Daniel Ortega heads the country into its third year of consecutive recession, with more than two million Nicaraguans in poverty
By Juan Carlos Bow (Confidencial)
HAVANA TIMES – Nicaragua is heading for a third consecutive year of economic contraction in 2020, which will result in open unemployment for at least 237,000 people, and a poverty level above two million Nicaraguans, according to estimates of the Nicaraguan Foundation for Economic and Social Development (Funides), whose economists urged for a political solution to the crisis.
Funides economists project that the economy will contract -1.1% in 2020, a figure much lower than -5.9 of 2019 and -3.8 in 2018. However, the decrease “demonstrates the depth of the recession in which we are involved. It also indicates that we are at a fairly severe level of economic stagnation,” said one of the experts.
The estimate of Funides is based “on the scarce and outdated” information provided by the regime, which since mid-2018 gradually hides social and economic reports and data, which show an economic deterioration.
A Funides’ economist, who by policy of the institution does not allow him to publish his name, said that the measures of the regime, in economic terms, have not accelerated a way out of the recession, which “proves the inefficiency of the economic policies implemented by the Government to combat the current crisis.”
Another economist stressed that the dictatorship has focused on maintaining macroeconomic stability in the short term, and has not implemented measures to boost demand and employment.
“Maintaining fiscal stability, facilitating liquidity to the Nicaraguan banking system and protecting international reserves, are the three objectives of the measures adopted by the Government,” explained the Funides expert.
At the end of last October, the Central Bank of Nicaragua (BCN) reduced the devaluation of the Cordoba from 5% annually to 3%, which for the economists of Funides will not help an economic recovery. “It is a measure that helps the deficit of the non-financial public sector, call them state companies or INSS (Social Security National Institute).
The economist advocated for a potential political solution to the crisis, which would “accelerate” the end of the recession. “These three years of recession could have been relieved with a political agreement,” one of the experts added.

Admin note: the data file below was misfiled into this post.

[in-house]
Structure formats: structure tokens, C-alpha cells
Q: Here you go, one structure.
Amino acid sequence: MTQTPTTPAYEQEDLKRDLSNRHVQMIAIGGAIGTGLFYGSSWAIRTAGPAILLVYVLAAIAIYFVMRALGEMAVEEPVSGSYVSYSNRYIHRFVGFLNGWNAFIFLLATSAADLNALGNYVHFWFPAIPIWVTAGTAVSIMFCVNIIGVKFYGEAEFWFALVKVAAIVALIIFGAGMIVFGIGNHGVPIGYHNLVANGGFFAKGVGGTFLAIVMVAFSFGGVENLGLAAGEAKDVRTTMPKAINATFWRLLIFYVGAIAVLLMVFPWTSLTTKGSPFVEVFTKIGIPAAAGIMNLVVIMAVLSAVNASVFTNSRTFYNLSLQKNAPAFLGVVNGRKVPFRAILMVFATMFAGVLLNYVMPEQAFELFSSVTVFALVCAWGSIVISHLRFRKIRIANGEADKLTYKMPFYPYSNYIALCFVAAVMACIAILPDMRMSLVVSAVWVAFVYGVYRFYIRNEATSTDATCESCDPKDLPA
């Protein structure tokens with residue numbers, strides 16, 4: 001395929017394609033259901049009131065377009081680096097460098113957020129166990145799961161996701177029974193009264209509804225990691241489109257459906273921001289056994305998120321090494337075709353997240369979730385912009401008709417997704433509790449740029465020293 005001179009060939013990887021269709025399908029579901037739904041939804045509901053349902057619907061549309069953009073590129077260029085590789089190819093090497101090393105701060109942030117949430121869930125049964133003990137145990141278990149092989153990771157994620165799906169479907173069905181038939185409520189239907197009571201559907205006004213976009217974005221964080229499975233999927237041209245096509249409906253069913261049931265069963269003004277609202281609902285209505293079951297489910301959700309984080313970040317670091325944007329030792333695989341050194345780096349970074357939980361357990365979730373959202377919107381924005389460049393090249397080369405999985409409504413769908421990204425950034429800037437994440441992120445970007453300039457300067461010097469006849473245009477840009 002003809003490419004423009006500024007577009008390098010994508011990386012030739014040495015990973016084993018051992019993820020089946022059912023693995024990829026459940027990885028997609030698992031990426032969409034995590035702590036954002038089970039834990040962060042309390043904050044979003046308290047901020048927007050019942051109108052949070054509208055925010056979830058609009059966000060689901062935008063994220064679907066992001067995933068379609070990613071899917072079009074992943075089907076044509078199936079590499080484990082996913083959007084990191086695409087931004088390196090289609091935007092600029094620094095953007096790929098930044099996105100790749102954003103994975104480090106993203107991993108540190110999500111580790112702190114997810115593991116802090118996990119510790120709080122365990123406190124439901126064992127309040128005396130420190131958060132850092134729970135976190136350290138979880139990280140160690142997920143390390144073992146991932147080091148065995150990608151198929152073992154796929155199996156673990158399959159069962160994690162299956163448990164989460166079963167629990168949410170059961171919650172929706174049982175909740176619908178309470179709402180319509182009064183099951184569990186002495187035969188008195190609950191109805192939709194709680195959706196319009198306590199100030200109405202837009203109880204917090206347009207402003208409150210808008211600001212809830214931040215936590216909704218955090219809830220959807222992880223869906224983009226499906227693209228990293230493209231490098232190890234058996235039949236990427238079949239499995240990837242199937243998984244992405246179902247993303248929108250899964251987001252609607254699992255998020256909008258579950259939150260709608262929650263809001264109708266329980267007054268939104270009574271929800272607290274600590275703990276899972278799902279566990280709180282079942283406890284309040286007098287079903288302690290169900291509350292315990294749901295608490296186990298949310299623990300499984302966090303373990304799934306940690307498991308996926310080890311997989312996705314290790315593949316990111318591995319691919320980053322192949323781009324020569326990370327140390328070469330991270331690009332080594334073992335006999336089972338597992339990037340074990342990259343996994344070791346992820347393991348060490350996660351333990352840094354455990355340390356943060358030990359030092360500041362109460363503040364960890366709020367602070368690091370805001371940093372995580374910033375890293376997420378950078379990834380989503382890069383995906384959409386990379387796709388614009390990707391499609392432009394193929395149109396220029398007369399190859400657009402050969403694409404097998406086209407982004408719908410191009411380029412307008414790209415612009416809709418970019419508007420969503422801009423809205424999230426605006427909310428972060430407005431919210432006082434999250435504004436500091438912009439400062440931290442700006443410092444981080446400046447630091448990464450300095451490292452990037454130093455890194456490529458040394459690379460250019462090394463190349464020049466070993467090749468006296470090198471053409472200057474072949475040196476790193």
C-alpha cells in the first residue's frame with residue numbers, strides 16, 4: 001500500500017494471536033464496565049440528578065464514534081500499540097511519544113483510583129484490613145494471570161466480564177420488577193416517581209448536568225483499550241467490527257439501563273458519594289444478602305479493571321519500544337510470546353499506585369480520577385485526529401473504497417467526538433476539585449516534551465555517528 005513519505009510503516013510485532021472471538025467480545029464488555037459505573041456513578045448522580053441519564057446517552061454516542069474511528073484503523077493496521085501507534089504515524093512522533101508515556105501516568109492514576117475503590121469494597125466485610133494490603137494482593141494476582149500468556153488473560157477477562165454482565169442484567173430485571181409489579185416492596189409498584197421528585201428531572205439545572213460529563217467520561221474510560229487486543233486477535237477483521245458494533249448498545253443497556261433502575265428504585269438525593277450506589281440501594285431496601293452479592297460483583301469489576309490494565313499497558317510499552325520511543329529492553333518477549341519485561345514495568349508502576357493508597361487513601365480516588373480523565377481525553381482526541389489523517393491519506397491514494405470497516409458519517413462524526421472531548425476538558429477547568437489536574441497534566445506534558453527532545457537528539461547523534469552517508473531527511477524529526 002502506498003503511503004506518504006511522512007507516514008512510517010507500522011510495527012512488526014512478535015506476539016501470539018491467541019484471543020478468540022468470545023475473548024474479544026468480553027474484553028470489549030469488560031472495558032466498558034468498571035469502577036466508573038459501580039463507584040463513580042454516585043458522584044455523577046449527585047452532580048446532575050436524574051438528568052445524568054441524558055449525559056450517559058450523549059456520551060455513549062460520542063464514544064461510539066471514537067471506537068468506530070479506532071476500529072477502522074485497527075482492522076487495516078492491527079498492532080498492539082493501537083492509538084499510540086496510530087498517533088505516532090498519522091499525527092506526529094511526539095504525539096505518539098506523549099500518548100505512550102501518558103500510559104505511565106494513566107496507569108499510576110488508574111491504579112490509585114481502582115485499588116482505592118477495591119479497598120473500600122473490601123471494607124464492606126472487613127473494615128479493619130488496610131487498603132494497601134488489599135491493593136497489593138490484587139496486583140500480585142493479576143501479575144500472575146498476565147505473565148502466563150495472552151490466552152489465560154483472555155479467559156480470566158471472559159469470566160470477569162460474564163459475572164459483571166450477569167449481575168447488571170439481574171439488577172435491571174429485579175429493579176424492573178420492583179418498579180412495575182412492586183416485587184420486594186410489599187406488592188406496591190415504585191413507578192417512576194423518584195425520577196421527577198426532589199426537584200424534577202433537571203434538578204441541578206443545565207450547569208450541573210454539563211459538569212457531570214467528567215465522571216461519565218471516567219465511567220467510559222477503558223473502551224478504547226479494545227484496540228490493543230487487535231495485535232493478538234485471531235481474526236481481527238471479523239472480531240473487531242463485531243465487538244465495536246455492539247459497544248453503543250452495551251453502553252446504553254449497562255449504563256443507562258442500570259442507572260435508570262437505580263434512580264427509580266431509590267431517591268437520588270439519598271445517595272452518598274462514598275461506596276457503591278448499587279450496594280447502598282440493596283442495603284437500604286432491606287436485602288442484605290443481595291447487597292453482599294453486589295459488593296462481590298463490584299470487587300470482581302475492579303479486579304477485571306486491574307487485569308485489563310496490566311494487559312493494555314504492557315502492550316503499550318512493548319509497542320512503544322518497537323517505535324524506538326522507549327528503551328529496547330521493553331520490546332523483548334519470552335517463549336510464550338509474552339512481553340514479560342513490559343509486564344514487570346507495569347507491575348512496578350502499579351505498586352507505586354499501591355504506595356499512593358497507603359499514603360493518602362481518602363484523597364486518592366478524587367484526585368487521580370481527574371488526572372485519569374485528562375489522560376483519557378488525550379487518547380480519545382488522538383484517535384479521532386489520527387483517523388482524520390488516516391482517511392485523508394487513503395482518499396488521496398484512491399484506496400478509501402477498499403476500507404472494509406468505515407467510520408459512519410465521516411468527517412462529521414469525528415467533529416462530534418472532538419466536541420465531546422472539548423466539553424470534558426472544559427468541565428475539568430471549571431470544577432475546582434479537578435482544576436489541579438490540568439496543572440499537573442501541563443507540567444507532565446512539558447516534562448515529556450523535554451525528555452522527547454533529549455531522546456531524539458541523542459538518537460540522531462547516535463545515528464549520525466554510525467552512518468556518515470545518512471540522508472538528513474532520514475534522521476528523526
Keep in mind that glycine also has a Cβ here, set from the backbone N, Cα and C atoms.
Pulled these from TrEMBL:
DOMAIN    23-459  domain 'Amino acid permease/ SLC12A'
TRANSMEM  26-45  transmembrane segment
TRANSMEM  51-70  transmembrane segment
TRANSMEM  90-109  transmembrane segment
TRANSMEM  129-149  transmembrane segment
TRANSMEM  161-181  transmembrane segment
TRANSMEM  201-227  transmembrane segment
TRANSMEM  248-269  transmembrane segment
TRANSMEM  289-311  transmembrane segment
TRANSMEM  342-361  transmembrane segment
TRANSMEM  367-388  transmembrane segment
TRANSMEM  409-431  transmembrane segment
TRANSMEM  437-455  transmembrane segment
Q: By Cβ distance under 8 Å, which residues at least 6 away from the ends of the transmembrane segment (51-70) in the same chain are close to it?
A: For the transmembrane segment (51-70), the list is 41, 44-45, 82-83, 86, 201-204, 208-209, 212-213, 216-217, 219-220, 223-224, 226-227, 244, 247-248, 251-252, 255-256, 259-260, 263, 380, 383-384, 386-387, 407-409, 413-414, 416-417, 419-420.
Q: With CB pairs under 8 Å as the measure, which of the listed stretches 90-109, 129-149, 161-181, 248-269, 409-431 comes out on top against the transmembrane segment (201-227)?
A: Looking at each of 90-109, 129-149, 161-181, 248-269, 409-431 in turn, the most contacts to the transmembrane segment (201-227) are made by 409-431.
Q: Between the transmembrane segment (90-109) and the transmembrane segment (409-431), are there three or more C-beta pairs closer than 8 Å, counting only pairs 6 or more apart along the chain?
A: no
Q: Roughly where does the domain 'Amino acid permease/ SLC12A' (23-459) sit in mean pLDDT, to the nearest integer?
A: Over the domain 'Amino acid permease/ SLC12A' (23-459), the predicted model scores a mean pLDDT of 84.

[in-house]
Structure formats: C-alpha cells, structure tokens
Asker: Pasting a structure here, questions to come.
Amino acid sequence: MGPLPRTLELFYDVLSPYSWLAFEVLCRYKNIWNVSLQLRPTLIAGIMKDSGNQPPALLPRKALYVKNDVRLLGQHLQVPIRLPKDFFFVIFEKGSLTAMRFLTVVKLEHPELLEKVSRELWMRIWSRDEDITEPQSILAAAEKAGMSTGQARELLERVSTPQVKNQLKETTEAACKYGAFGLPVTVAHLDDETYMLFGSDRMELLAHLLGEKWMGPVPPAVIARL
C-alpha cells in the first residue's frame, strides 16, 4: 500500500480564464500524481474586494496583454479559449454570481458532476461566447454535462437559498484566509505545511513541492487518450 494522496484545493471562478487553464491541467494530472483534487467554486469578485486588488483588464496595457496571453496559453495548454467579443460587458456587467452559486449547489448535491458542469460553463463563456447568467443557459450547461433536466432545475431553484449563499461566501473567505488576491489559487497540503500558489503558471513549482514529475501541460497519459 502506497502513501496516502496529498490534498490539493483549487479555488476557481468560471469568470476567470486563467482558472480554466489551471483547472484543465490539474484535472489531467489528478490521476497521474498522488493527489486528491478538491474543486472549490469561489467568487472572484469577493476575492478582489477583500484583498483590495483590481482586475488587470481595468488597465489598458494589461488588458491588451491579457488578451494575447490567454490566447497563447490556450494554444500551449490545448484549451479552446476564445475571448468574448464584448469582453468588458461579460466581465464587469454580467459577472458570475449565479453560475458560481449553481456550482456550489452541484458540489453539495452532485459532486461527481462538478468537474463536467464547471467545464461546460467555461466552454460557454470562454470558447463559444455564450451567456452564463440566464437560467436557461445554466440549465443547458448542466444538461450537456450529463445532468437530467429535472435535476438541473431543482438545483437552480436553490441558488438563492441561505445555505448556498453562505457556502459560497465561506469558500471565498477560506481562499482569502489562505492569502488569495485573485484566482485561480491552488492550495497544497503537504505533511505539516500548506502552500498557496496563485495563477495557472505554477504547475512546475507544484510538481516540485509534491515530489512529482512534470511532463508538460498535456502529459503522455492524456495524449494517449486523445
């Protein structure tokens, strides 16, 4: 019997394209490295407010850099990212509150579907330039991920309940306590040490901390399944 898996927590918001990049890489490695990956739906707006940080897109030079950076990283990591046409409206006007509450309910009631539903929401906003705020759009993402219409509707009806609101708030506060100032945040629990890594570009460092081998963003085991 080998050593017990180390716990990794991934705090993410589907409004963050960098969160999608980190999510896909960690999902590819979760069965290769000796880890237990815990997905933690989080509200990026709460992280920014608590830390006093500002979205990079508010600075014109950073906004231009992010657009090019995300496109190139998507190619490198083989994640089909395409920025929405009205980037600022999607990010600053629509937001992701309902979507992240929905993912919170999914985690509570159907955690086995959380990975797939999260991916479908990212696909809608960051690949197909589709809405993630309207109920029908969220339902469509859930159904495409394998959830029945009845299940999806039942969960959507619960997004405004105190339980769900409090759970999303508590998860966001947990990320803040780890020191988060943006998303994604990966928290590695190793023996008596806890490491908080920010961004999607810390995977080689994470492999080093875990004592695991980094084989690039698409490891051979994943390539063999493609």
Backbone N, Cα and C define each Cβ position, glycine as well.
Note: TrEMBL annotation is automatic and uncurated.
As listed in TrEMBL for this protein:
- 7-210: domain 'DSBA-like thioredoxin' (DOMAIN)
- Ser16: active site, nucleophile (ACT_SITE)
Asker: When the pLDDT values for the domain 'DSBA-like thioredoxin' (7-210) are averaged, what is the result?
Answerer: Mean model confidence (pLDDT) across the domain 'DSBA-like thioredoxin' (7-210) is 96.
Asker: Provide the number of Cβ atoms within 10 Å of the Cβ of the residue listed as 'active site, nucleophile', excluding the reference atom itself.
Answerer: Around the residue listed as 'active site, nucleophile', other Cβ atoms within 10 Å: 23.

Impact on the population
Funides projections reveal that GDP per capita will be reduced for the third consecutive year, to $1,829; fifty dollars less than in 2019 and $202 dollars below 2018.
“With the fall in GDP per capita, poverty increases, people’s purchasing power is reduced and the unemployment rate increases,” said one of the specialists.
The open unemployment rate—people who want to work, are looking for a job, but cannot find it—will be around 7.3%, which represents some 237,000 people, by the end of 2020. For this 2019, Funides calculates an unemployment rate of 7%, about 227,000 people.
Economists recalled that their calculations are only estimates, since they do not have accurate data. “For this year (2019) we have not had any data on the unemployment rate.”
Two million poor
Three continuous years of economic recession will lead us to more than two million Nicaraguans living in poverty by the end of 2020, according to Funides.
What does it mean to live in poverty? That they will have less than $1.76 a day for all their needs, with that they have to eat, dress, study and go to the doctor,” said one of the economists.
During these three years, the poverty rate will have risen by 11 percentage points, from 20.1% in 2017, to 31.9% in 2020, according to Funides’ data.
“To reduce those 10 percentage points, it will take more than a five-year period. It will be hard work after the crisis, to return to the levels of well-being that we had prior to it,” said one of the economists.
Internal and external risks
Despite the bleak picture of 2020, Funides analysts underlined that there are internal and external risks that could further overshadow the country’s economic future.
Among the internal risks, they emphasized an increase in violence against civic protests; the lack of public sector financing; greater deficit in public companies and of the Social Security Institute (INSS), as well as a deterioration in the country’s risk ratings.
The external risks are three: a recession in the US economy; a reduction in international prices of export products; and new condemnation resolutions within the Organization of American States (OAS) that would put international loans at risk.